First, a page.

Top Six OSHA Violations in the Beer-brewing Industry
As more and more craft brewers emerge and expand their workforce, employers in the brewing industry are realizing their own unique responsibilities to protect their employees.
1. Permit-required Confined Space EntryBrewing requires personnel to clean and repair fermenters, silos, kettles, and mash turns. These are often small enough spaces to be considered confined spaces under OSHA regulations. Managers should assess these spaces to determine if they meet such guidelines.
If workers must enter a space that fits the definition of a Permit-Required Confined Space (PRSC) to perform their duties, employers must post warnings to inform employees and maintain a written permit-required space program. This program should include additional employee training, monitoring atmospheric conditions within the space, and establishing an emergency rescue plan.
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2. General Duty ClauseOSHA’s General Duty Clause is well known because it ensures managers provide a workplace “free from recognized hazards that cause or are likely to cause death or serious physical harm.” However, this also includes ergonomic hazards such as heavy kegs or sacks of grain.
Brewing managers can easily overlook the dangers of heavy lifting. In order to comply with OSHA regulations and protect their employees, managers should ensure workers are properly trained on correct lifting techniques, invest in lifting equipment (such as forklifts), and ensure lifting responsibilities are delegated to multiple employees.
3. Safety Management of Hazardous ChemicalsThe complex chemistry involved in the brewing process requires many potentially hazardous chemicals that fall under the Process Safety Management (PSM) of High Hazardous Chemicals standard. These chemicals could be carbon dioxide, oxygen, and ammonia in order to oxygenate the alcohol and properly refrigerate it. Moreover, brewers may use a wide range of basic or alkaline chemicals to clean equipment.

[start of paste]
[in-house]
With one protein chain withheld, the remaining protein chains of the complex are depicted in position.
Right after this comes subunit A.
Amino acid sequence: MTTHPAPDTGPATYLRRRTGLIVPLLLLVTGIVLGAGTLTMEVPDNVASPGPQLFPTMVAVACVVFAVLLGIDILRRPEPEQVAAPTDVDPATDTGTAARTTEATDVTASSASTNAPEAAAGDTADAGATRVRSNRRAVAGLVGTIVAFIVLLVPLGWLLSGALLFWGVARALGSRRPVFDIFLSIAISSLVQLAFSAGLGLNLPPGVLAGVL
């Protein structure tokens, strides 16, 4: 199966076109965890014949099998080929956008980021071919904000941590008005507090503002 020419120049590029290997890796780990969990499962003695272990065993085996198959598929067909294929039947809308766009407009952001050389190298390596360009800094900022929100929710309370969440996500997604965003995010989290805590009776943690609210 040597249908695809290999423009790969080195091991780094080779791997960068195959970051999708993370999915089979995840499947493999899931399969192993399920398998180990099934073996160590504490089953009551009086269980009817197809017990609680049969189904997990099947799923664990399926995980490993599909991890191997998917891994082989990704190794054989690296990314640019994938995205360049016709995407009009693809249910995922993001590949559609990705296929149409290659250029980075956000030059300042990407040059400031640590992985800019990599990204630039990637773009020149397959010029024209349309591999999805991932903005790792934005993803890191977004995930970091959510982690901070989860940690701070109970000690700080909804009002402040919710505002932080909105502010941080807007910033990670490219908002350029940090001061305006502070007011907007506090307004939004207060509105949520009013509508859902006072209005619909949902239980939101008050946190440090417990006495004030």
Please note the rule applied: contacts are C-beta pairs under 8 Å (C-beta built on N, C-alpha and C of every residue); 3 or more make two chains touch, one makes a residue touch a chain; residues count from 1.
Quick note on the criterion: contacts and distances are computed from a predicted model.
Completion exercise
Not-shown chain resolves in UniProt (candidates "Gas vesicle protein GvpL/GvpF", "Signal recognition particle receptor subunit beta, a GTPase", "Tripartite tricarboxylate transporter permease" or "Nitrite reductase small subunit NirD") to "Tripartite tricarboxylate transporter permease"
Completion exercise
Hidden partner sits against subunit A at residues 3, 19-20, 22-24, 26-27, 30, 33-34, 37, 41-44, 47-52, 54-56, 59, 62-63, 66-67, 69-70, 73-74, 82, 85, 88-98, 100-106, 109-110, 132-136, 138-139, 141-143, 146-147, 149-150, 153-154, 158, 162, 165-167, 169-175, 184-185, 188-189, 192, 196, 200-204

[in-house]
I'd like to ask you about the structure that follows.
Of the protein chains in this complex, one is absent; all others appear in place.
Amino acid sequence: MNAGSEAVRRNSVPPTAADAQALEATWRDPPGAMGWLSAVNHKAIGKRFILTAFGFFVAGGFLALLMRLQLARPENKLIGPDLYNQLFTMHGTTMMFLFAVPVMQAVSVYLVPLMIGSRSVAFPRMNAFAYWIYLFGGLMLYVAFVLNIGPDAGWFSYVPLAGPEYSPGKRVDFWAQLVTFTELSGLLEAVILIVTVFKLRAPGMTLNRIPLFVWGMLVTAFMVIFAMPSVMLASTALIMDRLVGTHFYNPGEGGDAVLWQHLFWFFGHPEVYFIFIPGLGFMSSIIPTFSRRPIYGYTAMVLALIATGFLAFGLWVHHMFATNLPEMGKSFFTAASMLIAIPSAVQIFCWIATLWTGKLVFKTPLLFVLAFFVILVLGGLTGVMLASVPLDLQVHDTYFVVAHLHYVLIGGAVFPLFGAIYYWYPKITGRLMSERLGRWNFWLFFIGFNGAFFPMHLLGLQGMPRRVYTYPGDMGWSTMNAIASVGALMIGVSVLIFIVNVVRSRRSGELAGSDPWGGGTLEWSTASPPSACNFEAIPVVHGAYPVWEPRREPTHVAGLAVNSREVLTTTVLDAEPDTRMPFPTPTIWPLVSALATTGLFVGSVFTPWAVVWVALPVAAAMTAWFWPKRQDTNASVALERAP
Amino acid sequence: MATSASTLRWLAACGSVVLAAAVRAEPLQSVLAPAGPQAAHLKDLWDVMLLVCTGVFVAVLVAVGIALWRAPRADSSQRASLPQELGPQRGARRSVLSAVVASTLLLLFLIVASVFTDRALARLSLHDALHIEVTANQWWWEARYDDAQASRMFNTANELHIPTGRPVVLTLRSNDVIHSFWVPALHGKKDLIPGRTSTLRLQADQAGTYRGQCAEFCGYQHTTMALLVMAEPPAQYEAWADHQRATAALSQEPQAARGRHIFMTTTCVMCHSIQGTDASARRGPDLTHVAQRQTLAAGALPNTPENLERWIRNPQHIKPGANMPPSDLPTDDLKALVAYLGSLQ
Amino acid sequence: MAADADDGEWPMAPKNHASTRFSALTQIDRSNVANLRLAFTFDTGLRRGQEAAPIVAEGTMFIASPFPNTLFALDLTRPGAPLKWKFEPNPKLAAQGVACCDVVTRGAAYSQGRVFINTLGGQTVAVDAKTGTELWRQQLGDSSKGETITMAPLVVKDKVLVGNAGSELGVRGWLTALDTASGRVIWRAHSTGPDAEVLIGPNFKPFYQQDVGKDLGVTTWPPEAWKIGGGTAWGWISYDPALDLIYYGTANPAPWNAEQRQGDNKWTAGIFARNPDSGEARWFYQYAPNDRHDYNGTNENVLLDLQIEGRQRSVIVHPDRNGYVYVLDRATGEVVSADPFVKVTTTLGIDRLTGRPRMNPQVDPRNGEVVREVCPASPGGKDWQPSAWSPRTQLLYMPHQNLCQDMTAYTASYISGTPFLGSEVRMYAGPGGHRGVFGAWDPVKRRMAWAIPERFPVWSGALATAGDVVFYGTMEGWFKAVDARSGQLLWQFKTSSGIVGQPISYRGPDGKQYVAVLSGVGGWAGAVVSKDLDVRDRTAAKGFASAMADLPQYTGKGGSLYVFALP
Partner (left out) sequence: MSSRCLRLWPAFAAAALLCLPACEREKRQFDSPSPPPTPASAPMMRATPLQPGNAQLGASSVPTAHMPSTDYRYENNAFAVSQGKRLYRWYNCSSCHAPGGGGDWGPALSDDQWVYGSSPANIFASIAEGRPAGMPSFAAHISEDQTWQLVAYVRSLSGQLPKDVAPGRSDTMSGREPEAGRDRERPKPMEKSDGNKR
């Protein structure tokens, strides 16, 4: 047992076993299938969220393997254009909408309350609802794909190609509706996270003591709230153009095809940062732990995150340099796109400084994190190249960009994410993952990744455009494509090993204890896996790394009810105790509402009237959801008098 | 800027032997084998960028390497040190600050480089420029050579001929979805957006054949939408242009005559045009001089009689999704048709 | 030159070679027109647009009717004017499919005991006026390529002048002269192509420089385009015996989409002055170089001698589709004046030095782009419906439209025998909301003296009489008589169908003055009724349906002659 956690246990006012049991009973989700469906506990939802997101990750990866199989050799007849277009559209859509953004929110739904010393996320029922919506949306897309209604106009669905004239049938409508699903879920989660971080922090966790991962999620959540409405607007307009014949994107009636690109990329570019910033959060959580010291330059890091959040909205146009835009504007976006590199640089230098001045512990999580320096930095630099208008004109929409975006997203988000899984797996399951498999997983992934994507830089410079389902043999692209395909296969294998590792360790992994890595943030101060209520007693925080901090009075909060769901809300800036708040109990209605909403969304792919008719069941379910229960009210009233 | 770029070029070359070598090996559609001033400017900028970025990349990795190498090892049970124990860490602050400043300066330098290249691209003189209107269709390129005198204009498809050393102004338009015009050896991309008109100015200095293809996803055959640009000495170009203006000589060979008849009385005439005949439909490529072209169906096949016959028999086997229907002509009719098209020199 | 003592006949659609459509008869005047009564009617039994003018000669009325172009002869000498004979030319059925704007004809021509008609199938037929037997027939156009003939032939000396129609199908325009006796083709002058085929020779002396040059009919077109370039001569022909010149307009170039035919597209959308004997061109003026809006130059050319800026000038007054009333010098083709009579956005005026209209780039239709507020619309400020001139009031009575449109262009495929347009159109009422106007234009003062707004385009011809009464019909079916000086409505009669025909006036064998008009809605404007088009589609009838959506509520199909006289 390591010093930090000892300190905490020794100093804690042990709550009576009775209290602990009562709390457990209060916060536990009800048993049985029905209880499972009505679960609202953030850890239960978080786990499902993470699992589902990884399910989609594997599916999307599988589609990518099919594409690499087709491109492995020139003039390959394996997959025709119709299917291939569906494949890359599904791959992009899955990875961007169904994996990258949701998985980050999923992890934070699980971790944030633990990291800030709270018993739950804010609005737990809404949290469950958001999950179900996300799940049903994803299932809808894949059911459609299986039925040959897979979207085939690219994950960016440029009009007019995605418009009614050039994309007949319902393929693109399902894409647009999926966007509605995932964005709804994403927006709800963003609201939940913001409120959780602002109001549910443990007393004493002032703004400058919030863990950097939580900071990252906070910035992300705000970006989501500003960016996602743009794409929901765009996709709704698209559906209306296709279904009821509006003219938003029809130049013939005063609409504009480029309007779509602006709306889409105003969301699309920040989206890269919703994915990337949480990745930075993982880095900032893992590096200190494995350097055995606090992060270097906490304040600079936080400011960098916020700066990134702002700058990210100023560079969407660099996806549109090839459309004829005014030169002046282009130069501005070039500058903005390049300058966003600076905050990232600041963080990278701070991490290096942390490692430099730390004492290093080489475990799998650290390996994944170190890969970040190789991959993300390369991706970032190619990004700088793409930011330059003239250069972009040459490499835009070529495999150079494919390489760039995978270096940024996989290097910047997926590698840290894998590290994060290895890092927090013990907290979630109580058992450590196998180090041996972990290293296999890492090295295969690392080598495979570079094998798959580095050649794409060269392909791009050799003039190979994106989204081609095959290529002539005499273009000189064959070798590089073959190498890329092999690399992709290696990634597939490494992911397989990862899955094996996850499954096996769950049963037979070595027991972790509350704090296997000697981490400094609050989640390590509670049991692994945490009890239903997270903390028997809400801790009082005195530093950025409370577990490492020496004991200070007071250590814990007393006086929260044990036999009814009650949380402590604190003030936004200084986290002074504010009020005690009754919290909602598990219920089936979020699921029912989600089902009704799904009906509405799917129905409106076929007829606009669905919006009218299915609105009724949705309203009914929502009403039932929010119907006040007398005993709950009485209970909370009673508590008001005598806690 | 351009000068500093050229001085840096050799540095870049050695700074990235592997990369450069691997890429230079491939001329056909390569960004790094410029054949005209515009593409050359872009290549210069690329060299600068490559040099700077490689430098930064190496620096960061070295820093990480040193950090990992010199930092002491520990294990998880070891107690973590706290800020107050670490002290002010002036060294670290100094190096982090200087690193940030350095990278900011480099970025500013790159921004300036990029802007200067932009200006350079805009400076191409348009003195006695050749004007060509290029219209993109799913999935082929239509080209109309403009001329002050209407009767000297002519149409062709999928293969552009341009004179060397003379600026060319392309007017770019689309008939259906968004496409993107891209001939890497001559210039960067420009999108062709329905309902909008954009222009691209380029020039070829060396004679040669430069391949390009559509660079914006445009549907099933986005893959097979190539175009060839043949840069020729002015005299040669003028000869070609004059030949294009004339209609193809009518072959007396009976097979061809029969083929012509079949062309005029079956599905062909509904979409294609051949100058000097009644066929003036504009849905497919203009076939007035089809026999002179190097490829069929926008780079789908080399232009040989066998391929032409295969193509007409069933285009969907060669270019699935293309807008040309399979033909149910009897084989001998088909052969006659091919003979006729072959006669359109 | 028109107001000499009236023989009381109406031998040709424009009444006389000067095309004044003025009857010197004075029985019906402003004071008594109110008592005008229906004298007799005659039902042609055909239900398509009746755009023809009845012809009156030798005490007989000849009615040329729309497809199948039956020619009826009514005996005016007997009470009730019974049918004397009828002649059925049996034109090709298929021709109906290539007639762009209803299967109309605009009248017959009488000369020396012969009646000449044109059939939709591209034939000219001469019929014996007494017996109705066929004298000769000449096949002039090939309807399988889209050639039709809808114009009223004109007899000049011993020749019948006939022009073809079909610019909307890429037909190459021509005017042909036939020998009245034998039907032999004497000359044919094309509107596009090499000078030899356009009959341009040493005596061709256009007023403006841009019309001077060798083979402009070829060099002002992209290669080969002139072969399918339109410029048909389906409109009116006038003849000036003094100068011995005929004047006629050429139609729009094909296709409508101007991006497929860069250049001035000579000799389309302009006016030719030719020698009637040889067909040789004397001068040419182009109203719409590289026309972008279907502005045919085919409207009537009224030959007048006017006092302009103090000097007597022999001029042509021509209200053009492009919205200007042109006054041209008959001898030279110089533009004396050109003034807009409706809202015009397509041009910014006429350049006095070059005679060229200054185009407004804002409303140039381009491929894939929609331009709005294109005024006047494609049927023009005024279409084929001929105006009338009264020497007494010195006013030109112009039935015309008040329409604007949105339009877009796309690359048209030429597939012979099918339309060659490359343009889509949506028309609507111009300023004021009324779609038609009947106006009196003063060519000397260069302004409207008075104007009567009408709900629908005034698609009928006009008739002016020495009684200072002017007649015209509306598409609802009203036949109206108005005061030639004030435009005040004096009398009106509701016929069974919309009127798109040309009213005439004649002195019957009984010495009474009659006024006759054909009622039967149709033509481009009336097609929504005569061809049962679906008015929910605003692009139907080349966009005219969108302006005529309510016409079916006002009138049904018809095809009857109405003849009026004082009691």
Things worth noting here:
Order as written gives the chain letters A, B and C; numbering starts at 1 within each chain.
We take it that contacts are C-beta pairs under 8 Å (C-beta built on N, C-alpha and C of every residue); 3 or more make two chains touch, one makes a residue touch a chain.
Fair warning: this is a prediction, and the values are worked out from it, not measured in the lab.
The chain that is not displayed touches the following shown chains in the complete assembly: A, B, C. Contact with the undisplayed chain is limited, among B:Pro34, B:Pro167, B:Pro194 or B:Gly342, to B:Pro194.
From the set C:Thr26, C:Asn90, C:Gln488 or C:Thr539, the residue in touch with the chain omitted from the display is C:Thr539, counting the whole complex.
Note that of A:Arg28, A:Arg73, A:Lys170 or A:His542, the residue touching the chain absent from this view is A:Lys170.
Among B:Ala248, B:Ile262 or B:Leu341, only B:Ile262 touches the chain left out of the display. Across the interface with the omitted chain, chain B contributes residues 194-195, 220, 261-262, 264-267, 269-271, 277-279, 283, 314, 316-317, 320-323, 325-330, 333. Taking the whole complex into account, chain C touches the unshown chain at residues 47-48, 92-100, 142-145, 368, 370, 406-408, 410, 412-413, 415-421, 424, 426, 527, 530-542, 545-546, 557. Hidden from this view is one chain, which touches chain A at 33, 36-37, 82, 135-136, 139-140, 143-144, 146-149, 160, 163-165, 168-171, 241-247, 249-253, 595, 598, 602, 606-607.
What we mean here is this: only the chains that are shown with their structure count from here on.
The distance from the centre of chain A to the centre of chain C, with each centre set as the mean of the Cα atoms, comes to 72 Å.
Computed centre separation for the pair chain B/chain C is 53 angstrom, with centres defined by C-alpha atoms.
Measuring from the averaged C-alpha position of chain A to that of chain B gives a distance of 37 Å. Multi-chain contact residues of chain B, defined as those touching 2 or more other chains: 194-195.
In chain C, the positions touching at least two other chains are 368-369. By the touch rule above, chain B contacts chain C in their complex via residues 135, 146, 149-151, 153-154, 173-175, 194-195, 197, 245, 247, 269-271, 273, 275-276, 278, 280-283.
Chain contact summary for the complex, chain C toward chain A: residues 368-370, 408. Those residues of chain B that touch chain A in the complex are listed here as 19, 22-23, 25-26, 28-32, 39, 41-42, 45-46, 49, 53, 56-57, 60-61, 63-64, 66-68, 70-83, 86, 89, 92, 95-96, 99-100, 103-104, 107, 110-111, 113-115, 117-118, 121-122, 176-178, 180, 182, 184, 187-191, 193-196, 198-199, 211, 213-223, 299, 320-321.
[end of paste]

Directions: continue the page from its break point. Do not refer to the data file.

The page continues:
OSHA’s PSM regulations specify how businesses must safely manage these and many other highly hazardous chemicals. It is also important for companies to keep documentation on how these chemicals are managed and how workers are trained in the event of an OSHA inspection.
4. Lockout/Tagout (LOTO)Breweries need a lot of large, start-up machinery to mix, ferment, and carbonate beverages. Employees must be trained on how to prevent accidental start-ups and unintended releases of stored energy, which falls under OSHA’s LOTO guidelines.
Employee training is a crucial component of any brewer’s comprehensive energy control program. This LOTO program must also include the use of authorized energy control devices to lock or tag equipment so employees can easily verify if energy has been effectively isolated.
5. Hazard CommunicationHazard communication guidelines ensure employees are made aware of any dangerous substances or environments. This includes making chemical safety information easily accessible by labeling chemicals and identifying spaces that house hazardous chemicals. Breweries should include these practices in their hazard communication plan as well as training workers on how to properly monitor the presence of chemicals.
6. Eye and Face ProtectionBecause craft breweries are often small operations, it is easy to overlook proper Personal Protective Equipment (PPE), especially for face and eye protection. However, OSHA often cites breweries for PPE infractions when workers handle boiling water or toxic chemicals without the proper gear.
According to OSHA regulations, businesses must provide the right PPE to protect their workers. For breweries, this might include coveralls, gloves, goggles, or full-face masks.
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